Officials call for meeting with Homeland Security on panga smugglers

Congressman Henry Waxman and members of the California Congressional Delegation recently wrote to U.S. Department of Homeland Security Secretary Janet Napolitano to express concern about increased panga boat smuggling activity along the Southern California coast and request a briefing on how the federal government is improving coastal security. 

The smuggling activity turned fatal with the Dec. 2 death of Coast Guard Chief Petty Officer Terrell Horne III, 34, when the panga he and his team were pursuing rammed the Coast Guard boat, knocking him overboard into a propeller off the coast of Port Hueneme. Two Mexican nationals were apprehended off the San Diego coast and charged in Los Angeles with killing the federal officer. 

Maritime smuggling activity in Southern California has steadily increased every year since 2008 when the government began keeping records. U.S. Immigration and Customs Enforcement (ICE) recorded 210 incidents in 2012, up from 121 incidents in 2010. During the past two months alone, there have been 20% more smuggling events than the over same time period the previous year. 


Malibu’s own experience reflects the bigger picture, with three incidents reported in 2011 and five incidents in 2012. Of the eight known smuggling events, five occurred at Deer Creek – a beach just north of Neptune’s Net, which tends to be favored for contraband drop-offs because of its isolation, proximity to Pacific Coast Highway and stairway up from the beach. 

Additionally, incidents have occurred at Leo Carrillo State Beach, Pirate’s Cove at Point Dume and Latigo Beach. Up to 4,000 pounds of marijuana have been confiscated and up to 10 people have been detained in these busts.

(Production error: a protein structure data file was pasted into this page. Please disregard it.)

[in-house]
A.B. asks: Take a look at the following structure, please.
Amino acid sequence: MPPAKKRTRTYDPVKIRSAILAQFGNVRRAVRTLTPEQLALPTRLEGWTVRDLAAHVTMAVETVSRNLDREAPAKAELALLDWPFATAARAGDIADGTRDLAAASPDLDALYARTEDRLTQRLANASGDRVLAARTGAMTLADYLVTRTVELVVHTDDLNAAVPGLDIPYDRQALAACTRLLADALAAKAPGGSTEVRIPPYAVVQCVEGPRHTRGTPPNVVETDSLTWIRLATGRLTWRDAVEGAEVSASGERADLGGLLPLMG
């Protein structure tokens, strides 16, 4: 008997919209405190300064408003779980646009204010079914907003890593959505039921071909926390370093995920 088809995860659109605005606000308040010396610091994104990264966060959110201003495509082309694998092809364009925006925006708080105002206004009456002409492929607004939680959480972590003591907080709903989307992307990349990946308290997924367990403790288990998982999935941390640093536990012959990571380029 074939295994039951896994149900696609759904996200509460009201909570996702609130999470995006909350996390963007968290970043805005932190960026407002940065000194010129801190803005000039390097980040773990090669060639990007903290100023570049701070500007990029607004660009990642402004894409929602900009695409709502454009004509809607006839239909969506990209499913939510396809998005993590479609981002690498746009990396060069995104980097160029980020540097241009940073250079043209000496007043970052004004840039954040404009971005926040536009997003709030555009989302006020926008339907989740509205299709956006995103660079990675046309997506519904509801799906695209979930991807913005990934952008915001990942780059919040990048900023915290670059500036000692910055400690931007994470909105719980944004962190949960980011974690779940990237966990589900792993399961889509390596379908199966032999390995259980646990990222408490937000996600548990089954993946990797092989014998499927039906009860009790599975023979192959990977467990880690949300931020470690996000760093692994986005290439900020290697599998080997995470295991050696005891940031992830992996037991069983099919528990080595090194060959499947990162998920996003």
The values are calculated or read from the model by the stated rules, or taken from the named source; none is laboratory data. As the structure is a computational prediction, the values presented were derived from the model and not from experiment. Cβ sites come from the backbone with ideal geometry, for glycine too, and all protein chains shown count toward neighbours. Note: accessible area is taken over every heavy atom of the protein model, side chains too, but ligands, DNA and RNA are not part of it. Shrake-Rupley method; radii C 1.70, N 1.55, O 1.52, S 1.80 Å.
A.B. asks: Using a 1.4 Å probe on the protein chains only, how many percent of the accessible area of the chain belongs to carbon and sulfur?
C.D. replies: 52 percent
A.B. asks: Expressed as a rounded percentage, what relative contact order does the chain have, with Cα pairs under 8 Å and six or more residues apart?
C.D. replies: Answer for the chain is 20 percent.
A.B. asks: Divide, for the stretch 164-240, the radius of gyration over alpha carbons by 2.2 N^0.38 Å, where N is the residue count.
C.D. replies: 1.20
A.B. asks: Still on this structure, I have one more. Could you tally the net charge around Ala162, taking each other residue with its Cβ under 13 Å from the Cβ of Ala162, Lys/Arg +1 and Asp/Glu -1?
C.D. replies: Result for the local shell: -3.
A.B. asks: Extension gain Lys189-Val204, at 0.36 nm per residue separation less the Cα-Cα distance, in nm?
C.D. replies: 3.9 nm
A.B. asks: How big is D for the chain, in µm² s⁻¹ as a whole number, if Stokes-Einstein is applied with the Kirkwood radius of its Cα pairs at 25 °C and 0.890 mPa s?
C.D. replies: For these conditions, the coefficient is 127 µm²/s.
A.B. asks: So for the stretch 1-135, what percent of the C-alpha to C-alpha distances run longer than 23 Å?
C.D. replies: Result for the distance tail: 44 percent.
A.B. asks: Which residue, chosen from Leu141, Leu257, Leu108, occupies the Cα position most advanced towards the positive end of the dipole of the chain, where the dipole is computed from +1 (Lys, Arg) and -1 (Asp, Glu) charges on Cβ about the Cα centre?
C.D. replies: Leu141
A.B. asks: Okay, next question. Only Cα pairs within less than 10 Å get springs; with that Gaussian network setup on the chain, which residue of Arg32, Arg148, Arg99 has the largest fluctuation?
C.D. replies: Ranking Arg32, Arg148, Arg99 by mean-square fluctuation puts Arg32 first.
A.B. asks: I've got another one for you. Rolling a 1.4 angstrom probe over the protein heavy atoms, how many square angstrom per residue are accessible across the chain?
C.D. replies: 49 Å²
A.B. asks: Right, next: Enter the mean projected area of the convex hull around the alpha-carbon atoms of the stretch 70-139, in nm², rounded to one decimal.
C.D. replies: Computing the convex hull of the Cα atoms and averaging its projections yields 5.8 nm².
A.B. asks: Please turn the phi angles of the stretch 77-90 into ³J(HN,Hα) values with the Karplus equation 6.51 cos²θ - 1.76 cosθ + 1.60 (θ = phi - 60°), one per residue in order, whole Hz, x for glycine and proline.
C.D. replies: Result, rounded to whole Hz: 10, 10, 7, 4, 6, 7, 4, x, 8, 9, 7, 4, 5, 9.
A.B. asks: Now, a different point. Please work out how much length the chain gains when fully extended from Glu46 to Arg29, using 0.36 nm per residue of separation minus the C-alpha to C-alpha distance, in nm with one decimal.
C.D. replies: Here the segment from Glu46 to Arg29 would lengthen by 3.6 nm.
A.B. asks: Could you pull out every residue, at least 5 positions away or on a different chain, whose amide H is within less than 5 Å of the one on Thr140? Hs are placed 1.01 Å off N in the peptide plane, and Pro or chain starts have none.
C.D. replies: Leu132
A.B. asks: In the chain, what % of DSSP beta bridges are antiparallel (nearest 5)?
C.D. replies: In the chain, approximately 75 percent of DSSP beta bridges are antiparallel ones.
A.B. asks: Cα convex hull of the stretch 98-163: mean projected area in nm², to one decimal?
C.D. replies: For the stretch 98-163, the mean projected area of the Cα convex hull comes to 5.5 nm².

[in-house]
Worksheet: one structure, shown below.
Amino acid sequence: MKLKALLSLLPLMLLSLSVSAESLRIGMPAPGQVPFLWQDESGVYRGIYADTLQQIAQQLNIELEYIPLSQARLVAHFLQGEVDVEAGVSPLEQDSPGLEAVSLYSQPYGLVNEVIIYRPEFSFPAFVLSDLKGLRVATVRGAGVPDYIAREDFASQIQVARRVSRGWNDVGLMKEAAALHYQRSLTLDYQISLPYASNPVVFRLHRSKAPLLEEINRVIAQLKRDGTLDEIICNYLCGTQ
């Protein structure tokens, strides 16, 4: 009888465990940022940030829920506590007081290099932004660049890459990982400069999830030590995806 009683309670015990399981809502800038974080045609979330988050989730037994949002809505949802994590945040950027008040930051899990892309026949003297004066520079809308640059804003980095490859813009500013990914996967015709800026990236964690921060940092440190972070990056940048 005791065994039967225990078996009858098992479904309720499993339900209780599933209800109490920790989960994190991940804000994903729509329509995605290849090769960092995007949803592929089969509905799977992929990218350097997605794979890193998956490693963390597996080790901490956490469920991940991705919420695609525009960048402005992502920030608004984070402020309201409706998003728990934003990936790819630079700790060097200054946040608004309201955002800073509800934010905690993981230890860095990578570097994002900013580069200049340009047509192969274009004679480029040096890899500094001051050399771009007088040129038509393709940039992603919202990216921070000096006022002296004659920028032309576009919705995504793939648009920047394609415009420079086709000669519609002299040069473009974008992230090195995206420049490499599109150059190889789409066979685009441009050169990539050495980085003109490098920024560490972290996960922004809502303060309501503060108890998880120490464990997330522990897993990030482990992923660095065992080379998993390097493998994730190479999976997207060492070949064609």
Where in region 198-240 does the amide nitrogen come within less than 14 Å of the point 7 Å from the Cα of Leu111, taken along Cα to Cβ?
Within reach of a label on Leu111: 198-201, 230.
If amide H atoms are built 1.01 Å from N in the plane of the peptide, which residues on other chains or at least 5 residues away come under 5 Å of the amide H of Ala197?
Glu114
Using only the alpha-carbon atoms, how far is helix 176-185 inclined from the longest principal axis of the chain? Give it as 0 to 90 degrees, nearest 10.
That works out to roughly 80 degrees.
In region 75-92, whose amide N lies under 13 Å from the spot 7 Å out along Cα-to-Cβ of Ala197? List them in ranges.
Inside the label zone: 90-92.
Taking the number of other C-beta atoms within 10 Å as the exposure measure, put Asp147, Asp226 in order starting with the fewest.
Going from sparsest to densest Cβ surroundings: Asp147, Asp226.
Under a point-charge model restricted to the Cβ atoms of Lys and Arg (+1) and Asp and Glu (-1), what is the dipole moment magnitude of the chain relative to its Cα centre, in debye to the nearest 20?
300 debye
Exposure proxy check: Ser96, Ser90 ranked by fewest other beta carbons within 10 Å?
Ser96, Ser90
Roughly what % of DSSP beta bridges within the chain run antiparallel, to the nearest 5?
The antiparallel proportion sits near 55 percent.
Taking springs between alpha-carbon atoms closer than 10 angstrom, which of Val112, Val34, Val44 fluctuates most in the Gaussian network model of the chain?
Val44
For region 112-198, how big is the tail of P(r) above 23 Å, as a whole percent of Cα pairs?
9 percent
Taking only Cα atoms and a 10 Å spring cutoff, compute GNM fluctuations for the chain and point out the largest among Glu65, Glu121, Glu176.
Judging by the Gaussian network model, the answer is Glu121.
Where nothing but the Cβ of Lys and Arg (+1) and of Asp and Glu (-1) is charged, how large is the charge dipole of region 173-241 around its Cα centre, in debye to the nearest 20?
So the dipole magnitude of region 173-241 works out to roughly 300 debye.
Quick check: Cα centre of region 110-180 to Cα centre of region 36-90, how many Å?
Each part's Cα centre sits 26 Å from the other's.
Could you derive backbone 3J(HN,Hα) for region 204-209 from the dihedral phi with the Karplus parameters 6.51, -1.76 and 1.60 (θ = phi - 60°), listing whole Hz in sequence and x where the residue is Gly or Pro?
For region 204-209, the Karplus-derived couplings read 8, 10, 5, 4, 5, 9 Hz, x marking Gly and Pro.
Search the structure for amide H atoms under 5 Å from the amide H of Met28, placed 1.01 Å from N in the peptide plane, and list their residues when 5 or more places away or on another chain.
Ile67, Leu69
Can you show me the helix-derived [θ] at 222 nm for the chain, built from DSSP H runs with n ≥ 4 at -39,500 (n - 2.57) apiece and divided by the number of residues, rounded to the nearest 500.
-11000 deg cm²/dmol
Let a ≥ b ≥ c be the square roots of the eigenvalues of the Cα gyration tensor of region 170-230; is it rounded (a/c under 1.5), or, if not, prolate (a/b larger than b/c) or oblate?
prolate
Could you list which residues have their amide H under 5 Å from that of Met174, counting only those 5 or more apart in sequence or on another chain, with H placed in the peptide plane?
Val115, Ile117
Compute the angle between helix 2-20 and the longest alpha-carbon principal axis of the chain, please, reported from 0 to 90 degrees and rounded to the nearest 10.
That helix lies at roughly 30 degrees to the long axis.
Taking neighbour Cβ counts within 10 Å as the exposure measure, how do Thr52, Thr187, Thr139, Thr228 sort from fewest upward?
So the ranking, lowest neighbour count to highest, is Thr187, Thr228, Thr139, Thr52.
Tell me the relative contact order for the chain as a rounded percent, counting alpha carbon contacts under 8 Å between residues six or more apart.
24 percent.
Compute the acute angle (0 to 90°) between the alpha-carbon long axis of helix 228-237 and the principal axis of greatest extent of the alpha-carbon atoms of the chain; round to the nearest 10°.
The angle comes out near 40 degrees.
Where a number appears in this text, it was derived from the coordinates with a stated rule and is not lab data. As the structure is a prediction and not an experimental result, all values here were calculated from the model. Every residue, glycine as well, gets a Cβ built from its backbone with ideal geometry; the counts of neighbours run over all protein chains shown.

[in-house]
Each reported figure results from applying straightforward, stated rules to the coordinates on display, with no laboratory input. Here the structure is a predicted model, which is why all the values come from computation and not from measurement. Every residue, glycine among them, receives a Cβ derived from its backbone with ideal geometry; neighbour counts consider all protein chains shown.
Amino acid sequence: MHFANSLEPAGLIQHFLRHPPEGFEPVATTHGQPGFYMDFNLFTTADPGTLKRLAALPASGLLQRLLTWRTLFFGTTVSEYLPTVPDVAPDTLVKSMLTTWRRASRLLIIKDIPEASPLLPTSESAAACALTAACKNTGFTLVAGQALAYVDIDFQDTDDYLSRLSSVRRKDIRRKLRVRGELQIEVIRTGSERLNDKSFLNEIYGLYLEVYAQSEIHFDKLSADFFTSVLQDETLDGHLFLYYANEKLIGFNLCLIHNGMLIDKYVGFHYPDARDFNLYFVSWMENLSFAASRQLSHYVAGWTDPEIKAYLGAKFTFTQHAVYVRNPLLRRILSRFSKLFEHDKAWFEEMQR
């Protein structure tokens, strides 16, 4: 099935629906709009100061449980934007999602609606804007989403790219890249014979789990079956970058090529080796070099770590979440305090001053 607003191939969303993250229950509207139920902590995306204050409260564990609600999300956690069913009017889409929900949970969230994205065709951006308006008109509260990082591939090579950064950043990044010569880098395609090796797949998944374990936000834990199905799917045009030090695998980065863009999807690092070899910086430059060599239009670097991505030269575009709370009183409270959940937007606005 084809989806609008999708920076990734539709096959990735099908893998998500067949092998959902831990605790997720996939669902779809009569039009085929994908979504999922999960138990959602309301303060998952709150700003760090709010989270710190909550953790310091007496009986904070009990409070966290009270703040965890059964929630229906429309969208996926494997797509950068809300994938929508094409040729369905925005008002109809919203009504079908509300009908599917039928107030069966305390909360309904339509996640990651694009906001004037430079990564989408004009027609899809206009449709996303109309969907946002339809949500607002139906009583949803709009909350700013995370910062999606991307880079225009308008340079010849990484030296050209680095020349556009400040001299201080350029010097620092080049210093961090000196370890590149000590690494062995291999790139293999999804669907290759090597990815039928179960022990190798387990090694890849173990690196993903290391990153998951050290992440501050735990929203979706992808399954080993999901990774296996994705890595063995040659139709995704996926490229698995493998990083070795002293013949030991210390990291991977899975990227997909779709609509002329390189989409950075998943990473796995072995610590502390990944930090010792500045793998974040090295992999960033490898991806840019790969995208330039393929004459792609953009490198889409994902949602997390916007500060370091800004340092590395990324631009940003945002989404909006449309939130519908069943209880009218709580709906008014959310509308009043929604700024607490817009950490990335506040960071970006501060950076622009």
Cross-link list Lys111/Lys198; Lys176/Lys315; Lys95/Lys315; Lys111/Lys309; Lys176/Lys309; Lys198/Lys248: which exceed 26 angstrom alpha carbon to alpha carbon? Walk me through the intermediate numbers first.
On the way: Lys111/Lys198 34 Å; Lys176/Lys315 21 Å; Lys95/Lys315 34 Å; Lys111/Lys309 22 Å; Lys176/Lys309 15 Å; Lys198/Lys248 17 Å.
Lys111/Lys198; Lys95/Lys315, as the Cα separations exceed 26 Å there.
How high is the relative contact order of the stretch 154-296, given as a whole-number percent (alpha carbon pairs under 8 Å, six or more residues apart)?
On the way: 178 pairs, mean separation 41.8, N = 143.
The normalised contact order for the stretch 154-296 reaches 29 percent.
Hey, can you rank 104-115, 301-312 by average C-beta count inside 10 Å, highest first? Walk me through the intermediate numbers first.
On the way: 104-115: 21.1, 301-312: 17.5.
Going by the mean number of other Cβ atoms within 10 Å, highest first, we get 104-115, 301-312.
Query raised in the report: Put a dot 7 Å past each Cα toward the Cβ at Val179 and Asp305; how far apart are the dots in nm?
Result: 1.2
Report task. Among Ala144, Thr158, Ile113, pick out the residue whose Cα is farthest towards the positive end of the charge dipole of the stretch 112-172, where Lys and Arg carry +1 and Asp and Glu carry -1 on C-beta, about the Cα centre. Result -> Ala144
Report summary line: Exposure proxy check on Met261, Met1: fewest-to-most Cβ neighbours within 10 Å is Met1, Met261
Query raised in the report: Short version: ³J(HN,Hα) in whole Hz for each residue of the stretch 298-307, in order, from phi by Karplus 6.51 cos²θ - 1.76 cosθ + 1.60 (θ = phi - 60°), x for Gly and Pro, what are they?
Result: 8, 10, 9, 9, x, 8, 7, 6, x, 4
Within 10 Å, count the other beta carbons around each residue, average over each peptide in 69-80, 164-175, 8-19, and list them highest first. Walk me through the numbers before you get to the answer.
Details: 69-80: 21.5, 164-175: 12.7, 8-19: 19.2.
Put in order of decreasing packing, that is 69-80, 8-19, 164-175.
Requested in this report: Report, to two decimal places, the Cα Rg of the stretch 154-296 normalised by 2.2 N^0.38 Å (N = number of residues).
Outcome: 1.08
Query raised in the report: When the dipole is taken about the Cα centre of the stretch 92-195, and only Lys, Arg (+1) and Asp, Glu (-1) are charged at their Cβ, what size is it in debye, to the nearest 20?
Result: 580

Pangas are the vessel of choice for Mexican smugglers, Virginia Kice of the ICE said. They’re lightweight and can be equipped with outboard engines that make them faster than many law enforcement boats (but still not quicker than U.S. aircraft). 

“They’re also very inexpensive,” Kice said. “It’s just an open-hull skiff, so the Mexicans abandon them after landing and write off the loss as part of doing business.” 

When the U.S.-Mexico border became more tightly controlled after 9/11, smugglers found more creative ways of getting their primary contraband—illegal immigrants and bales of marijuana—into the country. In the past year or so, Kice noted, marijuana smuggling has become much more prevalent than cases of human trafficking, with over 92,000 pounds of marijuana seized in 2012, four times the amount in 2011. 

The pangas originate from Mexican towns near the U.S. border, Kice said, where they head out to sea and then travel north along the coast in the cover of darkness, running without lights. 

Much of the maritime smuggling activity is tied to the Sinaloa Cartel in Mexico, Kice stated. The cartel controls the smuggling routes, and the smugglers pay a fee to use them. 

“An effort like this involves an infrastructure both north and south of the border,” Kice explained. 

When maritime smuggling first began increasing, most pangas landed in San Diego or Orange Counties. However, once law enforcement started intercepting more boats, smugglers began heading farther north for drop-offs, and are now routinely caught in Los Angeles, Ventura, Santa Barbara and San Luis Obispo Counties. 

Law enforcement agencies now pool their resources and work together to catch the smugglers. The Department of Homeland Security’s Central California Maritime Agency Coordination Group in the Malibu area consists of the California National Guard Counter Drug Task Force, U.S. Coast Guard, DHS (which includes ICE), Homeland Security Investigations, Los Angeles County Fire Department (including lifeguards), California State Parks and LA County Sheri f f ’s Depar tment. The National Guard, for example, has access to high-powered night vision surveillance equipment not readily available to the sheriff ’s department. 

Depending on the outcome of Waxman’s meeting with Homeland Security Secretary Janet Napolitano, these law enforcement agencies may have the benefit of more federal funding.

“The recent rise in smuggling off of the California coast is troubling,” Congressman Waxman said in a statement. “It is critical that our borders and our coasts are secure from drug and human trafficking and I’m committed to ensuring that federal, state and local officials have sufficient resources to combat this illegal activity.” 

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